Monday, January 7, 2013

Drawing Aside the Curtain of a New Year

Forgetting the past ... I press onward. — Phil. 3:13,14
One of God's glorious gifts to mankind is to bestow upon him the dawn of a new year. New opportunities and challenges are before him. A chance to try again to make another endeavor to successfully accomplish the ambitions which were perhaps cast aside with discouragement in the year past. Life is full of beginnings. As one stands a the gate and with doubtful hand draws aside the curtain and peers into the unknown, he begins today by making his first step across the threshold of the new year. It is already a beautiful  year because it another year of Our Lord. 
Gazing at the far horizons and half wondering what the coming months will bring, pause but a moment to reflect over the old volume of three hundred and sixty five days just ended. The pages may have been marred by mistakes and torn by intentions, but a few more miles have been covered on the upward climb, pressing toward the mark. 
Through many dangers, toils and snares
We have already come,
'Twas grace that brought us safe thus far,
And grace will lead us Home. 
It has not been our own achievement. Great has been our Father's faithfulness; new every morning have been  His mercies. He faileth never! 
Excerpt from Streams in the Desert, Vol. 2, Mrs. Charles E. Cowman

To help you grow in grace this year, we offer these recommendations from Dr. Benjamin Shaw, academic dean and professor of Hebrew and Old Testament at GPTS:

“I recommend ... a regular program of reading through the Bible (I especially recommend Grant Horner's system, found online here. ... I also recommend ... a program of reading regularly through the Westminster Standards. As a suggestion here, I recommend one chapter of the Westminster Confession of Faith per day, and four questions in each of the Larger and Shorter Catechisms per day. When you get to the end of each, simply start over again. The WCF takes 33 days. The LC takes 49 days, and the SC takes 27 days. Thus, in a year, one would read through the WCF 11+ times, the LC 7+ times, and the SC 14+ times. I also suggest ... memorizing the Shorter Catechism. The repeated reading through the Bible acquaints one with the Bible, while the repeated reading through the Standards acquaints one with Reformed theology.”

Here are some additional resources to help you read through the Bible and/or the Westminster Standards this year:

Calendar Readings in the Westminster Standards
Bible Reading Schedule
M'Cheyne's Bible Reading Calendar

iPhone users: Here's a free app to help you set and track your goals for the new year.

Thanks for Blessing GPTS with Your Support!

Financial Report for December 2012

Plus: Report on Charitable Giving in Light of the "Fiscal Cliff" Compromise Legislation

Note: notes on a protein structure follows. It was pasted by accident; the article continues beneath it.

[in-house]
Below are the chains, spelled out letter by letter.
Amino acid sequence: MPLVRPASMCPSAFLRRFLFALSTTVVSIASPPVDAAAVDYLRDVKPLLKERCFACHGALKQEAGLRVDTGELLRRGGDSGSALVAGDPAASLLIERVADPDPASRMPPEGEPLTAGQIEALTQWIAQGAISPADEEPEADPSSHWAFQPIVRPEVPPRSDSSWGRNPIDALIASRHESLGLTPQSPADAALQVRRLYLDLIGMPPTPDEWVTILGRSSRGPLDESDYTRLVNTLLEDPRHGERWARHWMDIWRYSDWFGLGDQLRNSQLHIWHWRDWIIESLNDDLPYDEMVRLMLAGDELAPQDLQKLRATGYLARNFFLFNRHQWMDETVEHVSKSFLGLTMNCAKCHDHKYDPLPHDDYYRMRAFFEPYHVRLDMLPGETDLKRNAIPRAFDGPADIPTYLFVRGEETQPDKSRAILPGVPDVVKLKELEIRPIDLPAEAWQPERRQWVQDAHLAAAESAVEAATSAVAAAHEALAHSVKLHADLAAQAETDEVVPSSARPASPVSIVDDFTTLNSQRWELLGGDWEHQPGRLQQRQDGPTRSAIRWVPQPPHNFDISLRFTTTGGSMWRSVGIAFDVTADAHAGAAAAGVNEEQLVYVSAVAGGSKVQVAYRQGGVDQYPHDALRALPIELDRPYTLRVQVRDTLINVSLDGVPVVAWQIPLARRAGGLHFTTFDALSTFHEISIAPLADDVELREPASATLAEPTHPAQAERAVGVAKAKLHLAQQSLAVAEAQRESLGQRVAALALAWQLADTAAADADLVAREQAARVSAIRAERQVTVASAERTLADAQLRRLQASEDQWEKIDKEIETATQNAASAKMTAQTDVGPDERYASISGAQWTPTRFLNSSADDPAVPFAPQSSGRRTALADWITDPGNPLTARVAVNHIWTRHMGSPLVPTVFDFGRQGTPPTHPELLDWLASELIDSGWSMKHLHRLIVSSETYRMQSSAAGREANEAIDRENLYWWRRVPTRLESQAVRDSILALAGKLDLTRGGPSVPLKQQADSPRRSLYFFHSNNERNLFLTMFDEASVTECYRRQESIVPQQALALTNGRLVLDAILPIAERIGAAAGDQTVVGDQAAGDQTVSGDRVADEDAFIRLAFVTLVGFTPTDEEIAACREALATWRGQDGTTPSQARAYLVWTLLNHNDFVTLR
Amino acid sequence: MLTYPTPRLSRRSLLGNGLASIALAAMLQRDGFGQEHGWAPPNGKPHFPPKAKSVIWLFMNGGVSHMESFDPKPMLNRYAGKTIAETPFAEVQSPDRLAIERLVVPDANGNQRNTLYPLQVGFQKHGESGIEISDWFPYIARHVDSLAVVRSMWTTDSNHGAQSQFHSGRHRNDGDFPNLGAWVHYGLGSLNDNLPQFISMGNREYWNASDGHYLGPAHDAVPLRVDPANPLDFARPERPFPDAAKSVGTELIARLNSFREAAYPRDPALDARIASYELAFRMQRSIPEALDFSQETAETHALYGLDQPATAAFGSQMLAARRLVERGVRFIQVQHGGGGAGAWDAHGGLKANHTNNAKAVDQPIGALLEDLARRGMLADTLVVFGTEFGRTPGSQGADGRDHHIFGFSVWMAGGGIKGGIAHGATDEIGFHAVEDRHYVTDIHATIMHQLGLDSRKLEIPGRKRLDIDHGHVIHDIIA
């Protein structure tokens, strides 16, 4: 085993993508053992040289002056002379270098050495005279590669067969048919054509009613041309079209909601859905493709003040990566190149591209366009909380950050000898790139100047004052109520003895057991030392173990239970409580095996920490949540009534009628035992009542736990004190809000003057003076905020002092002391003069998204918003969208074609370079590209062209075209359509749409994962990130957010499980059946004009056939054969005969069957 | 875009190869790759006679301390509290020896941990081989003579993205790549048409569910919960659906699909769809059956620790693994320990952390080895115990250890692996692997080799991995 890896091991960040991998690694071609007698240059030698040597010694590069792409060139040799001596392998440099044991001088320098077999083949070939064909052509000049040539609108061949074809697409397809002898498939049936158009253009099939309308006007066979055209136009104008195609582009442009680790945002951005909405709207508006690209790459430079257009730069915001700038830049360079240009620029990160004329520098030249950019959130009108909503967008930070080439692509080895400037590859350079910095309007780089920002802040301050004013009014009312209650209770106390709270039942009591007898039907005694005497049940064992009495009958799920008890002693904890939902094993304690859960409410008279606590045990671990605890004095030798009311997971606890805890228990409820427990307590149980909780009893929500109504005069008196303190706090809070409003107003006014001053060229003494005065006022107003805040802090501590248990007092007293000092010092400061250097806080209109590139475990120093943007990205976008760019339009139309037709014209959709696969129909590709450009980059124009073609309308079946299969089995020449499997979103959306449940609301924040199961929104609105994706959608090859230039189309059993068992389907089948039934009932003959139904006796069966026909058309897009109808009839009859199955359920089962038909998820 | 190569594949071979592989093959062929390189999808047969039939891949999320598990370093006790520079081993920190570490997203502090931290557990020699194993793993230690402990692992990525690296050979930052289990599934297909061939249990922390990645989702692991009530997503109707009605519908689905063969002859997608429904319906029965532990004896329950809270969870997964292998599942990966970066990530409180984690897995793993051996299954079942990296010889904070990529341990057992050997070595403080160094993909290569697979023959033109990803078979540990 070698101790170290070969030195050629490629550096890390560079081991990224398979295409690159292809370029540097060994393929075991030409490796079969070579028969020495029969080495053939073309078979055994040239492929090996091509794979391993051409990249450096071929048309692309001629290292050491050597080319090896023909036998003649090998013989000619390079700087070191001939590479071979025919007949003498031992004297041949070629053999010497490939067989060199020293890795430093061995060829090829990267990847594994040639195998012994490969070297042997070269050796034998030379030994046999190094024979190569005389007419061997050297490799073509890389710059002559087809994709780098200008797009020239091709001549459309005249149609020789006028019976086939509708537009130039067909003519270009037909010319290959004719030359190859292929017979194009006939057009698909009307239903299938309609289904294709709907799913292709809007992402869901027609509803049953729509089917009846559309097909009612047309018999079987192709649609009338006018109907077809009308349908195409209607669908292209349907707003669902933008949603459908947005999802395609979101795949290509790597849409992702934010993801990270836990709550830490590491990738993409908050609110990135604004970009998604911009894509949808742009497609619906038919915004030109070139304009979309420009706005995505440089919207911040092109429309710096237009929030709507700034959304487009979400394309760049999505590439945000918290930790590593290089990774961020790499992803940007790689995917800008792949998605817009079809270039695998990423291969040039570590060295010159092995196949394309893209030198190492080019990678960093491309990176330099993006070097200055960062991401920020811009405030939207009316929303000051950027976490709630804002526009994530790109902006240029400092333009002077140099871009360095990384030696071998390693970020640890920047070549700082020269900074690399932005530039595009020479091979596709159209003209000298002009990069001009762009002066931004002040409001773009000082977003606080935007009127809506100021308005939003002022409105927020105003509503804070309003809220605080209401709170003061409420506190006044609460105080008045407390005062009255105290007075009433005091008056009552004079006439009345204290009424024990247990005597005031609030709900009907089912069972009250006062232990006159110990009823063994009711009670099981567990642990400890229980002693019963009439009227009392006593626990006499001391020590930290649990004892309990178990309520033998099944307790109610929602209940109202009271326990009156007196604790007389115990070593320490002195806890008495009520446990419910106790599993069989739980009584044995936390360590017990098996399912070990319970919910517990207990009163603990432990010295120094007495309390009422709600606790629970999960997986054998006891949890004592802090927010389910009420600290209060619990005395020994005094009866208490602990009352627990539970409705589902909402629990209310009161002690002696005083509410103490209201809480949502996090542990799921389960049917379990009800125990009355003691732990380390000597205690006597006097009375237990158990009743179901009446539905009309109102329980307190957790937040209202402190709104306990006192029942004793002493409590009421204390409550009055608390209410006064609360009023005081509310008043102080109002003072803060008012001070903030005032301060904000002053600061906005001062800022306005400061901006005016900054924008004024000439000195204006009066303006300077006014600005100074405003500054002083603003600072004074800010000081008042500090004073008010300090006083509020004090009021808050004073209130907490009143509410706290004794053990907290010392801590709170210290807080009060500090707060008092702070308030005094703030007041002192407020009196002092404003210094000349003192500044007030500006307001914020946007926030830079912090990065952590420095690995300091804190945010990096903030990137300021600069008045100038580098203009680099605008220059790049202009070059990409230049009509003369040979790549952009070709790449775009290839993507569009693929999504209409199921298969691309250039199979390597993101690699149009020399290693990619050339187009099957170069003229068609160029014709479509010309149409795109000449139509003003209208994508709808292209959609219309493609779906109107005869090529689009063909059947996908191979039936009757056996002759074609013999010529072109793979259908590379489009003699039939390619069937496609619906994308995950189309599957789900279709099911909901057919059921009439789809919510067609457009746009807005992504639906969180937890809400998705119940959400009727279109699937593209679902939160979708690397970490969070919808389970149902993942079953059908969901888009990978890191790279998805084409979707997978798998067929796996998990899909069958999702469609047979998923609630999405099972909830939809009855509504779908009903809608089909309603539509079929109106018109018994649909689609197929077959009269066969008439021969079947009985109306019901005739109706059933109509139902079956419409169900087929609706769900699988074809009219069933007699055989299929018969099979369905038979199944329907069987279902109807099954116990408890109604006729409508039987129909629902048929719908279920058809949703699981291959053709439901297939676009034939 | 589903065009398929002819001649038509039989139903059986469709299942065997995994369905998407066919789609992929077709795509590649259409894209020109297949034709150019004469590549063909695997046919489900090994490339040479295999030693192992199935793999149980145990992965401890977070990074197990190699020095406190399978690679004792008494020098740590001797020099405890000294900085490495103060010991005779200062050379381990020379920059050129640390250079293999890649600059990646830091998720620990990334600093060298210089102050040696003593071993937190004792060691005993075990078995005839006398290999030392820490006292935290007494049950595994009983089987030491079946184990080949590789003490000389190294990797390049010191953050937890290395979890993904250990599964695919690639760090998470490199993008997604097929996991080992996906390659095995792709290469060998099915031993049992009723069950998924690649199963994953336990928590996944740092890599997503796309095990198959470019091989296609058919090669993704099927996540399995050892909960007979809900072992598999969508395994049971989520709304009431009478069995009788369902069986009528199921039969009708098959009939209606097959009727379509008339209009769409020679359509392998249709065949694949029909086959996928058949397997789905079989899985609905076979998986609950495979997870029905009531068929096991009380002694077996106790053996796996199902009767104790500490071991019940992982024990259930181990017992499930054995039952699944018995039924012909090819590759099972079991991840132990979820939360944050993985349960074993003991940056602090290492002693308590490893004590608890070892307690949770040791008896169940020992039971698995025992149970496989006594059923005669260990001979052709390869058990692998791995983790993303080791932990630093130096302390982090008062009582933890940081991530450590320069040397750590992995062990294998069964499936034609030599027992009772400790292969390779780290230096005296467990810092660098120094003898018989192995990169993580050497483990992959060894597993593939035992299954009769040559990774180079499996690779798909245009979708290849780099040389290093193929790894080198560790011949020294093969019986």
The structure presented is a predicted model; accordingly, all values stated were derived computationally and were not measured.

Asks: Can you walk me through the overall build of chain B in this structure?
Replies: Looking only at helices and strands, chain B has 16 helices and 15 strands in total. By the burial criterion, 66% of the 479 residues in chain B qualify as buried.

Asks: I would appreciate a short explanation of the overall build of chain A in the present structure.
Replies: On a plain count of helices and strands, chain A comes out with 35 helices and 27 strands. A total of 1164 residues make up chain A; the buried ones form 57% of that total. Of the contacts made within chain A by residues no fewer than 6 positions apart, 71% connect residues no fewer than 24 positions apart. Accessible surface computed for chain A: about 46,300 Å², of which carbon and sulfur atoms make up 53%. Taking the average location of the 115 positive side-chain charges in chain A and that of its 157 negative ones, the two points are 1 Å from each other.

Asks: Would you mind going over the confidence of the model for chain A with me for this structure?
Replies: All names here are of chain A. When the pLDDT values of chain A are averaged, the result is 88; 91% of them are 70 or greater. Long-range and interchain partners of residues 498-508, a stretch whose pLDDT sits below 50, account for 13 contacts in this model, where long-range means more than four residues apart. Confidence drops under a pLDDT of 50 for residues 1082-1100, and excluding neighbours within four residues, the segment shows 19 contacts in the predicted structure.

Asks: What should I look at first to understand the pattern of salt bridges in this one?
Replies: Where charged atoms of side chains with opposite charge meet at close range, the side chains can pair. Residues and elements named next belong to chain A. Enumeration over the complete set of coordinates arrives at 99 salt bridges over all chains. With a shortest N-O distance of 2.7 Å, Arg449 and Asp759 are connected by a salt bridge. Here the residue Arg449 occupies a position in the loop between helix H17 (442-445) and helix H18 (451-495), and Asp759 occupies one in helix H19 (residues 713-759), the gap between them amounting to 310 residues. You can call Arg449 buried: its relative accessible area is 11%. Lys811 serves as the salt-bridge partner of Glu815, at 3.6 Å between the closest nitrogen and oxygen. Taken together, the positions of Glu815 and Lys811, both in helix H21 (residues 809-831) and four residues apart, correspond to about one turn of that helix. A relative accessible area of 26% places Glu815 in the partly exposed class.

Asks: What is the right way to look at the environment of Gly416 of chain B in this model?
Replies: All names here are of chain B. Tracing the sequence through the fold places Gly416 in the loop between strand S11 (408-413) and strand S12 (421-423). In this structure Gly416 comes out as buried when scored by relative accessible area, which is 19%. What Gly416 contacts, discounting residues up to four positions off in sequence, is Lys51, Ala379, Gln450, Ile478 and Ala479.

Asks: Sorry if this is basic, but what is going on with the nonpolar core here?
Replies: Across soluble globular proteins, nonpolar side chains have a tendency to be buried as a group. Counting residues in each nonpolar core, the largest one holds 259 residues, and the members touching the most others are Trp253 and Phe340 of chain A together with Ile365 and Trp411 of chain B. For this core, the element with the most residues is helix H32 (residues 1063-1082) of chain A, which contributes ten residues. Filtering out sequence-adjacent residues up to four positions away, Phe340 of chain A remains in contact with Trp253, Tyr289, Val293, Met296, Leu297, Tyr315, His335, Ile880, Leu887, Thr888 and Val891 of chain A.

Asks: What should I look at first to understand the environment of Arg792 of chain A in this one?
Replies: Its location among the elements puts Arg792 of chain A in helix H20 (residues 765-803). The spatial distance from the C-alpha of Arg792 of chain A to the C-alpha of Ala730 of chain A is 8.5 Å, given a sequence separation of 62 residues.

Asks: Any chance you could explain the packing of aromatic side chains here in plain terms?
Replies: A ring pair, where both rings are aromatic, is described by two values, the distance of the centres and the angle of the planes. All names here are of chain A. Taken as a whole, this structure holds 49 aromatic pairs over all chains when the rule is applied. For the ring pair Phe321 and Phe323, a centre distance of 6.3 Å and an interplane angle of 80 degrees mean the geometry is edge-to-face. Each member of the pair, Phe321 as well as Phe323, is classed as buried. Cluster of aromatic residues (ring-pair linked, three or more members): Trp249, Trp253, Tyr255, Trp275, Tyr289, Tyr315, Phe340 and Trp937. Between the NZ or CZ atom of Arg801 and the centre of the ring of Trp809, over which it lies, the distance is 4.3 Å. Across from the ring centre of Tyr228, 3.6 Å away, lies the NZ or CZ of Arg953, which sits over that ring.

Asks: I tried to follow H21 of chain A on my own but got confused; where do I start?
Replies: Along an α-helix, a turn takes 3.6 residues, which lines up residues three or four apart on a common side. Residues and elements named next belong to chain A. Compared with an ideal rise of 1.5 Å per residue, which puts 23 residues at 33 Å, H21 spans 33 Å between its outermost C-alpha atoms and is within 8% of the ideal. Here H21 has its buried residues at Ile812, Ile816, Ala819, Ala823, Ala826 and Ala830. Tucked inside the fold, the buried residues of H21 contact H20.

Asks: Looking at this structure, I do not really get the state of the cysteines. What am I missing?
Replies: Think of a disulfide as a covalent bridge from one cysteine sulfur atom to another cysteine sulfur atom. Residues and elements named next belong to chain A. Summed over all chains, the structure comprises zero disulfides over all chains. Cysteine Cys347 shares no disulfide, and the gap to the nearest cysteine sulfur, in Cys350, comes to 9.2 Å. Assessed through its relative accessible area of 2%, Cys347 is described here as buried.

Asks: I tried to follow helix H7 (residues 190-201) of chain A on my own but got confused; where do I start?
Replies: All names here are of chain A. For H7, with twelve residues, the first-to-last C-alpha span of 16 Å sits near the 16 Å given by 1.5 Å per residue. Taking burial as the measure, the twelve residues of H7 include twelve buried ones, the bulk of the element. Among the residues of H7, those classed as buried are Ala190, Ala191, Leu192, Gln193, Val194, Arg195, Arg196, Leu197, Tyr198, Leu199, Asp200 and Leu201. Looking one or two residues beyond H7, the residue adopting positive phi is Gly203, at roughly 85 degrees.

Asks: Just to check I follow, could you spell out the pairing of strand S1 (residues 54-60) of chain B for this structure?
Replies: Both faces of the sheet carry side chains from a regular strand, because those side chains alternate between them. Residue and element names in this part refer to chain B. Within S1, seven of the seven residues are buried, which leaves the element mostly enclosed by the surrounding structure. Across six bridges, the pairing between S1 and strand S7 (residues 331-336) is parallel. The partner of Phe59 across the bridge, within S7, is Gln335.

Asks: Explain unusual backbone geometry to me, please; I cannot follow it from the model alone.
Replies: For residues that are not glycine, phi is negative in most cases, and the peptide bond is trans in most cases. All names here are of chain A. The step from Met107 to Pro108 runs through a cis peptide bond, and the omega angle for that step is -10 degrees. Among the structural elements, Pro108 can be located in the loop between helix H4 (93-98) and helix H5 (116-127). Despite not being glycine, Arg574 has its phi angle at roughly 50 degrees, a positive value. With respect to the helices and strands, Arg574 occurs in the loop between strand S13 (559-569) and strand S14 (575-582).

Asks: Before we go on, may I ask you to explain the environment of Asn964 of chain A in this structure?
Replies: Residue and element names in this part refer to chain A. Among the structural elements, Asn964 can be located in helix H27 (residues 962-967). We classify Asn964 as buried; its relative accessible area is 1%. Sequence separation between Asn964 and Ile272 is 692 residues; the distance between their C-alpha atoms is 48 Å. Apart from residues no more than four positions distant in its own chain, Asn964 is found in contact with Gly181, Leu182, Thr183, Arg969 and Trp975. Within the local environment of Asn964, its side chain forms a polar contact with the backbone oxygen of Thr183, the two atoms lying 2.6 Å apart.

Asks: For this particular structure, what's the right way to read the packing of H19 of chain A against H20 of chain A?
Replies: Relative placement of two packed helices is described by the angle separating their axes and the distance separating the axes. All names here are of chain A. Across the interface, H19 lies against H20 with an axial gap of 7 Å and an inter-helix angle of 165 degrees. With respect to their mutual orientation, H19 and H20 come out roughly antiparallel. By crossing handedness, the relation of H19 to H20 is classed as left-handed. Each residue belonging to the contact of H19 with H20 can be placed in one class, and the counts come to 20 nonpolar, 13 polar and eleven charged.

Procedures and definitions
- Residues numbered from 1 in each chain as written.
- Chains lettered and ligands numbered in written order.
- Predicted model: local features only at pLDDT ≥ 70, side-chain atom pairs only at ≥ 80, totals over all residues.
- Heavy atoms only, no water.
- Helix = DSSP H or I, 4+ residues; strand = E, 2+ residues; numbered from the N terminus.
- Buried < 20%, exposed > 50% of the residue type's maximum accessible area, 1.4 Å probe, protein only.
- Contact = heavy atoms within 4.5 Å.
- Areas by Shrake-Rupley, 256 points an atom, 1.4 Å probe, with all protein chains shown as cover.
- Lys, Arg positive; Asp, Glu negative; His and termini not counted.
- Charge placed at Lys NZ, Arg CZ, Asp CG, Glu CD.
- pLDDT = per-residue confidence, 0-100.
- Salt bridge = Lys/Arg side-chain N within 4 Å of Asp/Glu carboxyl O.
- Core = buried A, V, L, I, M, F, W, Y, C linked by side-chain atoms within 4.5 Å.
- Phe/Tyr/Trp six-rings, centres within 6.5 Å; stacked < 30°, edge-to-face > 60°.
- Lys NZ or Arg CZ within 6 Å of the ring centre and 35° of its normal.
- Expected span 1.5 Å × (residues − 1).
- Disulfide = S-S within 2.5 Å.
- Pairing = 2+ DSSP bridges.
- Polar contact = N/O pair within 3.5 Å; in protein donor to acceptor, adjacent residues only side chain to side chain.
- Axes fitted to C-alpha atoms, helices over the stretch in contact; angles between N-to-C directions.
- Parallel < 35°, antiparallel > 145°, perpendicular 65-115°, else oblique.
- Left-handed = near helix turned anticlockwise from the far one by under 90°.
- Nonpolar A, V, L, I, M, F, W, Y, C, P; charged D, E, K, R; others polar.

"IMPACT 2012 Challenge" Sets Record!

We are pleased to report that response to our year-end "Impact 2012 Challenge" was favorable; indeed, it was the largest ever! Acting in faith, we set our 2012 goal at $180,000 — some $55,000 higher than the $125,000 goal set in 2011. We are pleased to report receipts for the 2012 year-end campaign of $174,899, which was $41,429 higher than the $133,470 received during the comparable effort in 2011. Glory to God and thanks to His faithful people! 

Below is a graph showing results of during 2012 Challenge period of late November through December, including December-dated gifts received in early January. (Another $10,000 gift was received shortly after the campaign period.) We are humbled and most grateful for the large outpouring of support received during this period. Gifts included numerous small-to-large one-time donations; monthly, quarterly and annual gifts; corporate matching donations; and a sizable stock donation. 

fundraiser ideas
The GPTS "Impact 2012" Challenge — Goal: $180,000

The tables below show our overall financial condition as of the end of December 2012, marking the end of the first half of our 2012-2013 fiscal year. For the month of December, contributions totaling $147,130 from churches and individuals were $73,047 above what was budgeted ($74,083). Expenses were $14,413 above budget ($91,946). 

For the 2012 calendar year, unrestricted general fund contributions from individuals and churches totaled $991,814, an increase of $168,158 over the $823,656 received in calendar year 2011 ($730,027 was received in 2010). The 2012 total, which included a $288,788 bequest, was $180,262 over the budgeted amount. Total income from all sources in 2012 was $1.06 million.

Donation Income$147,130
Other Income$16,176
Total Income$163,306
Net Income+$56,947

Donation Income$427,853
Other Income$128,353
Total Income$556,206
Net Income-$443

Capital Campaign Goal*$3,500,000
Long-term Pledges Outstanding$588,824
Total Received and Pledged$3,640,799
Outstanding Obligations$35,000
Monthly Note$4,264
Remaining Mortgage$889,794

*Although the formal fund-raising campaign goal has been more than realized, additional funds are needed to amortize the balance of our mortgage.